# Two-Input Function

A two-input function is a formal function with two function arguments.

**AKA:**Binary Function.**Example(s):**- [math]\displaystyle{ f(x,y) = 2x \times \sqrt{y} }[/math]

**Counter-Example(s):**- a Two Value-Output Function (that does not have Two Function Arguments).
- Unary Function.
- Ternary Function, such as a Binomial Probability Mass Function.
- n-Ary Function.

**See:**Binary Set Operation.

## References

### 2011

- http://en.wikipedia.org/wiki/Binary_function
- In mathematics, a
**binary function**, or function of two variables, is a function which takes two inputs.Precisely stated, a function [math]\displaystyle{ f }[/math] is binary if there exists sets [math]\displaystyle{ X, Y, Z }[/math] such that [math]\displaystyle{ \,f \colon X \times Y \rightarrow Z }[/math] where [math]\displaystyle{ X \times Y }[/math] is the Cartesian product of [math]\displaystyle{ X }[/math] and [math]\displaystyle{ Y. }[/math]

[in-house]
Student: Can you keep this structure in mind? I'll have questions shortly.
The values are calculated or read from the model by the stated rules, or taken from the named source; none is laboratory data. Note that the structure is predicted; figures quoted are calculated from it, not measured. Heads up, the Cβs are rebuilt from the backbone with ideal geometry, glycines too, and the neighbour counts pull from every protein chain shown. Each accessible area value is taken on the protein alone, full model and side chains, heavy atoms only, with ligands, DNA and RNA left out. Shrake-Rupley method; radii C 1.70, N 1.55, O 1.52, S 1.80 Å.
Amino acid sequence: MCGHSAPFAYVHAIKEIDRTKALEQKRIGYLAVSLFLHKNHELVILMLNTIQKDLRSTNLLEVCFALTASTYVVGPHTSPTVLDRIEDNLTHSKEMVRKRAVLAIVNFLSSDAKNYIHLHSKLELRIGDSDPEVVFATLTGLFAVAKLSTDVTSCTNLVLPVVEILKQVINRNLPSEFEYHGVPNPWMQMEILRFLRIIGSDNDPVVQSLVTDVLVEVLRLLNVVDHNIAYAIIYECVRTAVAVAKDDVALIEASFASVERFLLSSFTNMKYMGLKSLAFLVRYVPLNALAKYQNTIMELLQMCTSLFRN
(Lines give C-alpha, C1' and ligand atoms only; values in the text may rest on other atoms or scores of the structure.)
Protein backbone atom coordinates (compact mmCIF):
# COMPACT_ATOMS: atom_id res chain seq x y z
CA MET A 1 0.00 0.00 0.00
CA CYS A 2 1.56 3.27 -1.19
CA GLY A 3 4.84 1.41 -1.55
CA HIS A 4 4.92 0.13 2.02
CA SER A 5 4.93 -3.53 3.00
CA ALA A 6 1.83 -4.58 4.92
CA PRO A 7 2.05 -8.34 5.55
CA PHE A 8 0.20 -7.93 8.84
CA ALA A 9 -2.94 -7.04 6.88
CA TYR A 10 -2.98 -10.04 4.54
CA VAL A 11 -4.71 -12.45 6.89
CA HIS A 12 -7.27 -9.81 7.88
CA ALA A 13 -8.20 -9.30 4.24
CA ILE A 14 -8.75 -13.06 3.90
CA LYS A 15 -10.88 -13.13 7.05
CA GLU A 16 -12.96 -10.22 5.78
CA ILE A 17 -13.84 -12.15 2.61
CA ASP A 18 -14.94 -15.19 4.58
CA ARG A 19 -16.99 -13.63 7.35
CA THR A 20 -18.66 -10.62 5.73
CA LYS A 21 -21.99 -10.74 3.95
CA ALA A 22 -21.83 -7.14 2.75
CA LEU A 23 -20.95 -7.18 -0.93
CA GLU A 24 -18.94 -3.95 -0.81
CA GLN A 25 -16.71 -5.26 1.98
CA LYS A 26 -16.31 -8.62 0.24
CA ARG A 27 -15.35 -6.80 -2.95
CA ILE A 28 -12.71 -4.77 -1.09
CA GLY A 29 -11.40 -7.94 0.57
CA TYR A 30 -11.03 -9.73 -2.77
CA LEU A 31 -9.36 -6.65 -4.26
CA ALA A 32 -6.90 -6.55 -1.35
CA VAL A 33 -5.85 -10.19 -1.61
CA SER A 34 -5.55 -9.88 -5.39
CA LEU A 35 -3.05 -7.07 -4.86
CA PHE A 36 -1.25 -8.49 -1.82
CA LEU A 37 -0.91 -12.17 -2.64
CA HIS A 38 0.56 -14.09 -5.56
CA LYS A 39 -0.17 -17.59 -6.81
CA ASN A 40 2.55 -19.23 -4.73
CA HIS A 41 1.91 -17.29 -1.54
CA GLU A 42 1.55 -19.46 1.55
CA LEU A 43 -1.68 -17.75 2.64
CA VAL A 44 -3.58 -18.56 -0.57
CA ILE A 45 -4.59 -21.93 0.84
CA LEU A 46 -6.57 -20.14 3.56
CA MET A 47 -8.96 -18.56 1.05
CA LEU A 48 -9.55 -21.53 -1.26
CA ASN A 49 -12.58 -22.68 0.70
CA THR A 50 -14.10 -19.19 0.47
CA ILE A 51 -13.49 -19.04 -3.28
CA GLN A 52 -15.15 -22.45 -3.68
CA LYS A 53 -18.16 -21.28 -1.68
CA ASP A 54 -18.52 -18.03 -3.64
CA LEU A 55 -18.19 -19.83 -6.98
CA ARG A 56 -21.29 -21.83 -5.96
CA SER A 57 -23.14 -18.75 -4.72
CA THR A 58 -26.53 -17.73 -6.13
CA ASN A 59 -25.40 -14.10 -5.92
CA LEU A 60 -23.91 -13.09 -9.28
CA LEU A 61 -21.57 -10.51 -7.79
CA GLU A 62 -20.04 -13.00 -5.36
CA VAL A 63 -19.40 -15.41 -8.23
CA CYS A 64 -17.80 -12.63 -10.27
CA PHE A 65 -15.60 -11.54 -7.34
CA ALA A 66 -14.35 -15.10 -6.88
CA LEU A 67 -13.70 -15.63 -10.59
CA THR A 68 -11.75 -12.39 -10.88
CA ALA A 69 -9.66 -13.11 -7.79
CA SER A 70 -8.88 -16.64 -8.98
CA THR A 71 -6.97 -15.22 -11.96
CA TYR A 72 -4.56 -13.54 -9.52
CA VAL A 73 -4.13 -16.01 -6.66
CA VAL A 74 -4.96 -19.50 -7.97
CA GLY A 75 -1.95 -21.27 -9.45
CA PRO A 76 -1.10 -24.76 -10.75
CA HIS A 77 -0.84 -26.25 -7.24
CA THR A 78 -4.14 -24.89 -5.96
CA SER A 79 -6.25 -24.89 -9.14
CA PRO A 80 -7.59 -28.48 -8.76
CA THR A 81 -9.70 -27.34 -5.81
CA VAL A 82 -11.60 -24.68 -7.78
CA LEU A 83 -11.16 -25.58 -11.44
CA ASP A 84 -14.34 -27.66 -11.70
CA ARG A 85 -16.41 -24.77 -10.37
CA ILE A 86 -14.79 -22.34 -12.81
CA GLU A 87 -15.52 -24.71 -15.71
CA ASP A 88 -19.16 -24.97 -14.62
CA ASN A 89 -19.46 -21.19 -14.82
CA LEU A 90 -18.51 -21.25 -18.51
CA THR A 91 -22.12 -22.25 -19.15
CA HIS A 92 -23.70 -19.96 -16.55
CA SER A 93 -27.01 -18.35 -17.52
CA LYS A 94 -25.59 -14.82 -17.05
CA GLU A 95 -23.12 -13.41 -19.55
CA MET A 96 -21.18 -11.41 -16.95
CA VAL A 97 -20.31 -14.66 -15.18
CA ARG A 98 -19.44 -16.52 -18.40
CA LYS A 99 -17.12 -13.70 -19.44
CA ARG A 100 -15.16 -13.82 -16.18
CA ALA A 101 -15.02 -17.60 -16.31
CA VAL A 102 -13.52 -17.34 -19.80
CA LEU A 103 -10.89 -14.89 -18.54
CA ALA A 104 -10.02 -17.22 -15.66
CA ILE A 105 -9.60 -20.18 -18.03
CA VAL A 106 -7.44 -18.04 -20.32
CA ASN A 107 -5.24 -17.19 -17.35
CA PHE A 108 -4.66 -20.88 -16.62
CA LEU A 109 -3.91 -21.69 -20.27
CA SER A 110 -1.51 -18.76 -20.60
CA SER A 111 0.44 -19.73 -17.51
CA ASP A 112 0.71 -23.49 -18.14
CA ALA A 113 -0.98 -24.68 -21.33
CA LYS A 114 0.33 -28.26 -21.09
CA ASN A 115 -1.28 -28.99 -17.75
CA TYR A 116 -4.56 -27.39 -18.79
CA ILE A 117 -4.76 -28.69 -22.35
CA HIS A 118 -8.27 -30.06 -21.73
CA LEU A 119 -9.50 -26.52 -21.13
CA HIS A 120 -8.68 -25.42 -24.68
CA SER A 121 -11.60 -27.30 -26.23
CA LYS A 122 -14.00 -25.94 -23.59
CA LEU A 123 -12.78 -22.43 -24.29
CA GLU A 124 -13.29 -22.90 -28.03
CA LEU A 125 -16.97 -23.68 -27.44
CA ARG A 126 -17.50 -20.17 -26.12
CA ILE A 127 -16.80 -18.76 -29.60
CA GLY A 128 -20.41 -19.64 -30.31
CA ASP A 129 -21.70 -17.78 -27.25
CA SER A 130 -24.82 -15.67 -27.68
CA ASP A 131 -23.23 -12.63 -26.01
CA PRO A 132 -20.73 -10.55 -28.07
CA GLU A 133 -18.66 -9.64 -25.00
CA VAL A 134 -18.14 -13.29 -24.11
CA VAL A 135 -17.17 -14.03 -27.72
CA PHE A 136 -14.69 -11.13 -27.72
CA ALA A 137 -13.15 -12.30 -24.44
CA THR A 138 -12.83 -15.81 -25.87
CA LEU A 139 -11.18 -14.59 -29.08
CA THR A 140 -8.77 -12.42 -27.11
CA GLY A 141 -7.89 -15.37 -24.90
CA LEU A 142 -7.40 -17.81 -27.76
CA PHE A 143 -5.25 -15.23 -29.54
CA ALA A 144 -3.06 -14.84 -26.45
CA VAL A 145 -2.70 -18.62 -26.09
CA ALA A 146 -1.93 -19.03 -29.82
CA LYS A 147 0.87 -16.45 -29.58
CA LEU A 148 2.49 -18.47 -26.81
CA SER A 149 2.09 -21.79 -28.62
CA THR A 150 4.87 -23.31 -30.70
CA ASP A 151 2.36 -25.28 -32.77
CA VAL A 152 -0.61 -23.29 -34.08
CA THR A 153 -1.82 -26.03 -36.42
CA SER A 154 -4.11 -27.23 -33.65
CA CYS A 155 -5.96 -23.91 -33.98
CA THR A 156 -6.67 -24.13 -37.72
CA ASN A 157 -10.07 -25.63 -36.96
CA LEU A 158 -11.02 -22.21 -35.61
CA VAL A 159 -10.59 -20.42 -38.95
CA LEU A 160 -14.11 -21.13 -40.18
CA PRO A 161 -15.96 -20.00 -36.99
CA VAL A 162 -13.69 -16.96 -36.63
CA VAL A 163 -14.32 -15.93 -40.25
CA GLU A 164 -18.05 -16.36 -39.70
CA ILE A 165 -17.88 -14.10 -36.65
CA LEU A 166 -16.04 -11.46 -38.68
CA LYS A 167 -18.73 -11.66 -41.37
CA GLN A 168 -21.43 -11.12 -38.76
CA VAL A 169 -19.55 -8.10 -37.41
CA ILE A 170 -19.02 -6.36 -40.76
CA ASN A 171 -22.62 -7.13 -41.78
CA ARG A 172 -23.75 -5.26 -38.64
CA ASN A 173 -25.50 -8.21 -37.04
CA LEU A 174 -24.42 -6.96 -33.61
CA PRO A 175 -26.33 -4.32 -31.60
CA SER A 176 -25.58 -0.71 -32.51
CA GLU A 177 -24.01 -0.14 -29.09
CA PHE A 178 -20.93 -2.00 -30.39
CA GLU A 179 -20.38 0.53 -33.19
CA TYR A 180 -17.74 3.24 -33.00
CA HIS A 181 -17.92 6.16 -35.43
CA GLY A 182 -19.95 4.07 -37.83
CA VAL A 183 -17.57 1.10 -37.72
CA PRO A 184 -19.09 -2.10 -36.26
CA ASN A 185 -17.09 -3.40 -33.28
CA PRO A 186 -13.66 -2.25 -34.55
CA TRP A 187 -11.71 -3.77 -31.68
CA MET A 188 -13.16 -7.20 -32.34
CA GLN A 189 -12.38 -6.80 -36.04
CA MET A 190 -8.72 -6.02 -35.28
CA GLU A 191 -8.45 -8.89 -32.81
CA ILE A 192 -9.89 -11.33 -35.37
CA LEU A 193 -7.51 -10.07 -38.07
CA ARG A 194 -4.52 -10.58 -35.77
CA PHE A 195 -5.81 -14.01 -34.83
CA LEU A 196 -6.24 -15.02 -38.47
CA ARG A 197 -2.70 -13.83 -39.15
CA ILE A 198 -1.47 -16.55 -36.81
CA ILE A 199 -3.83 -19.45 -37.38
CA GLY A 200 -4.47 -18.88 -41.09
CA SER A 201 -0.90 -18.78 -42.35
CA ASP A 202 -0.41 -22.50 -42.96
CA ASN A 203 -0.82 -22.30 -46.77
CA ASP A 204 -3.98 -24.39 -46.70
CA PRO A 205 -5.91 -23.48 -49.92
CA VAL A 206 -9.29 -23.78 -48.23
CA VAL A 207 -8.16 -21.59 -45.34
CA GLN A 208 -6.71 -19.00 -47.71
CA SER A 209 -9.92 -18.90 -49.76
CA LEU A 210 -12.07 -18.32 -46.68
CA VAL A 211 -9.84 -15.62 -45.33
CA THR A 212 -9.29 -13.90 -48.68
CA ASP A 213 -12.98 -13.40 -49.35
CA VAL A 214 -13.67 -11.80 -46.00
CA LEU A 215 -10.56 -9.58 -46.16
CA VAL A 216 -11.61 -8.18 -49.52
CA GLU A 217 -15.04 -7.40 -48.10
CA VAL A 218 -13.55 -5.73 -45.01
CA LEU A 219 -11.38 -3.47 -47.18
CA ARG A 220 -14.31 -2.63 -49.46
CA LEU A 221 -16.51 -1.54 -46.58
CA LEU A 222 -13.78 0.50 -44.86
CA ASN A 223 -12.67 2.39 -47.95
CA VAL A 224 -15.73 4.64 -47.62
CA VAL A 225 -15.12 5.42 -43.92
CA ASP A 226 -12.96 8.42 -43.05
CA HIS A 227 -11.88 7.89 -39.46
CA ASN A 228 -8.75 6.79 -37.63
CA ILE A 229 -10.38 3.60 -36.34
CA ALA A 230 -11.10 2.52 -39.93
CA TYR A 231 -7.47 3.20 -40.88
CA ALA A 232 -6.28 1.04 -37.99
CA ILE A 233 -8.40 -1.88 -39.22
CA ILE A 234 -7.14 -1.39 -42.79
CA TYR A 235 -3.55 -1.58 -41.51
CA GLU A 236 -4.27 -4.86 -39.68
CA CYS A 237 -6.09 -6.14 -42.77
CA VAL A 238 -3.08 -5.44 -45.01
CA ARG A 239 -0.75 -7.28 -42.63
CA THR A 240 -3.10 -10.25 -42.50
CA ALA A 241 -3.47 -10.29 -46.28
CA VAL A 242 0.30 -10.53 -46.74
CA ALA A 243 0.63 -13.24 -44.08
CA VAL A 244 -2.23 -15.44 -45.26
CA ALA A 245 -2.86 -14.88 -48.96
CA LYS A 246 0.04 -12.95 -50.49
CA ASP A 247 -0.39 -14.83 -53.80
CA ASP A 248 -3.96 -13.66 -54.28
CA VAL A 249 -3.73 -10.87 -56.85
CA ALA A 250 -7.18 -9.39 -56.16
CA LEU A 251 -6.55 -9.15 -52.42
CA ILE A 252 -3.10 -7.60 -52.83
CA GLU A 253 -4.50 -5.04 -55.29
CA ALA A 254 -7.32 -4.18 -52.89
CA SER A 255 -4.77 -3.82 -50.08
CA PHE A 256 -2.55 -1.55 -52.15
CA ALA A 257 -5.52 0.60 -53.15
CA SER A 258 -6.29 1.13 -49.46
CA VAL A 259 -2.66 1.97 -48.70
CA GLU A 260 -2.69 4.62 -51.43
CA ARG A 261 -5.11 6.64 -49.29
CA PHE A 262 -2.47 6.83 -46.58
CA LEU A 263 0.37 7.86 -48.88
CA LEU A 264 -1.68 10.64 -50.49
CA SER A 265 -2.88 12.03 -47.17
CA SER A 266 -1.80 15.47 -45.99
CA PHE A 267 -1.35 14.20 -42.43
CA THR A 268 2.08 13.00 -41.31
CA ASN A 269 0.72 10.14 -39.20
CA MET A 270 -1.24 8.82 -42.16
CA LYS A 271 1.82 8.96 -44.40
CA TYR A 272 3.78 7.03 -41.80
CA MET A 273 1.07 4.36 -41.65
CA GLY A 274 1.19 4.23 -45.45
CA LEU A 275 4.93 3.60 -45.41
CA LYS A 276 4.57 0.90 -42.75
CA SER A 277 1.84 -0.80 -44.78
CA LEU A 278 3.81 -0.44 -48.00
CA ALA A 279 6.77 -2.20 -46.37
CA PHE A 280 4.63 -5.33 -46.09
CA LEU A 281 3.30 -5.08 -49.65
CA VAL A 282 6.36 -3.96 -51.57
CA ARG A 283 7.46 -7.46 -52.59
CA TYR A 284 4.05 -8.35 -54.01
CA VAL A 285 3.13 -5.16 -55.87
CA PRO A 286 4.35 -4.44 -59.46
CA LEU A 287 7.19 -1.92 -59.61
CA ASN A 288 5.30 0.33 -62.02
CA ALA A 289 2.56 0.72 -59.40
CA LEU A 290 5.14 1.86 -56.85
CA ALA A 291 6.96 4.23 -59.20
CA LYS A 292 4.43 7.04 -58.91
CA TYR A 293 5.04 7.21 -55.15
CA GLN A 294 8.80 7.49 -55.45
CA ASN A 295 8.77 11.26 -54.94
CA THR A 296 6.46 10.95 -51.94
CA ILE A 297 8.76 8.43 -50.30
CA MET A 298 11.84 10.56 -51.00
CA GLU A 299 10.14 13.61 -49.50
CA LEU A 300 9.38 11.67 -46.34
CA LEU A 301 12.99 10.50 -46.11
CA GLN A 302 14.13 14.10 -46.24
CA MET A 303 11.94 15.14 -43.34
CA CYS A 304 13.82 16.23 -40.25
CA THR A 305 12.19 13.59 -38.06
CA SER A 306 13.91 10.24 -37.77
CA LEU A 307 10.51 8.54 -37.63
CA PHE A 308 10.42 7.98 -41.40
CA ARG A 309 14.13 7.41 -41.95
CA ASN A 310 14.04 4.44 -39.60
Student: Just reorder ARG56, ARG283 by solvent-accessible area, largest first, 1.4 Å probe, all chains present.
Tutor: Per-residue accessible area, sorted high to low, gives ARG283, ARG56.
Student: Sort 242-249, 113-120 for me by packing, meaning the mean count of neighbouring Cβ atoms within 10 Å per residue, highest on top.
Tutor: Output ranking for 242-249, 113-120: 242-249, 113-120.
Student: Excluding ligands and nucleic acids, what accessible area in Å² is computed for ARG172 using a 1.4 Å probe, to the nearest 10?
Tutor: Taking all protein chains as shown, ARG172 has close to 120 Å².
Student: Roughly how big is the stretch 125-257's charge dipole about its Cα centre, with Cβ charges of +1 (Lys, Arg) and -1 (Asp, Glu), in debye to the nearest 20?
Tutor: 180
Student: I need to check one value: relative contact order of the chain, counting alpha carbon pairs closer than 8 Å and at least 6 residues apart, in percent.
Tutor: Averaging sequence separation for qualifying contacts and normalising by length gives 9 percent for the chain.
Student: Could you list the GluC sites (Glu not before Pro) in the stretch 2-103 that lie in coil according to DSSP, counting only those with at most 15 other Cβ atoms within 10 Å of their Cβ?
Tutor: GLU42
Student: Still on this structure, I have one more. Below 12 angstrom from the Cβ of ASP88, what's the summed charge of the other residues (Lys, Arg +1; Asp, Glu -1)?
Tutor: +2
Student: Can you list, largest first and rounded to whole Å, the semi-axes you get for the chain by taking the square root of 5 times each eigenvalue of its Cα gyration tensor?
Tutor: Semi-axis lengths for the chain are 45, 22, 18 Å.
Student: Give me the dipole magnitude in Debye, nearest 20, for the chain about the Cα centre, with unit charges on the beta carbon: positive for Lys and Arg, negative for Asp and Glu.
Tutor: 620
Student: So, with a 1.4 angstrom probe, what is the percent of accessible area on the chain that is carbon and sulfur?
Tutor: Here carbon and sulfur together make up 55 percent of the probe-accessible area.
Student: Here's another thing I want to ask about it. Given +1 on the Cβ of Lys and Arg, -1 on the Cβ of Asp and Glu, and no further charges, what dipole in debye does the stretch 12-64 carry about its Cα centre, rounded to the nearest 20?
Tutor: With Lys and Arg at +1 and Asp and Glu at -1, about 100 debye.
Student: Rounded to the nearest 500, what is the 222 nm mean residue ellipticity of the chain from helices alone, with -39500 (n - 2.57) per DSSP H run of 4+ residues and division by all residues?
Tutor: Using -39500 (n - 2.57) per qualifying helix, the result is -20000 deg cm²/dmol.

For example, if

**Z**is the set of integers,**N**^{+}is the set of natural numbers (except for zero), and**Q**is the set of rational numbers, then division is a binary function from**Z**and NQ.^{+}toSet-theoretically, one may represent a binary function as a subset of the Cartesian product

*X*× Y*×*Z*, where (*x*,*y*,*z*) belongs to the subset if and only if*f*(*x*,*y*) =*z*.**Conversely, a subset*R*defines a binary function if and only if, for any*x*in*X and*y*in*Y*, there exists a unique z*in*Z*such that (*x*,*y*,*z*) belongs to*R*. We then define*f*(*x*,*y*) to be this*z*.**Alternatively, a binary function may be interpreted as simply a function from*X ×*Y*to*Z*.Even when thought of this way, however, one generally writes*f*(*x*,*y*) instead of*f*((*x*,*y*)).

- In mathematics, a

(That is, the same pair of parentheses is used to indicate both function application and the formation of an ordered pair.)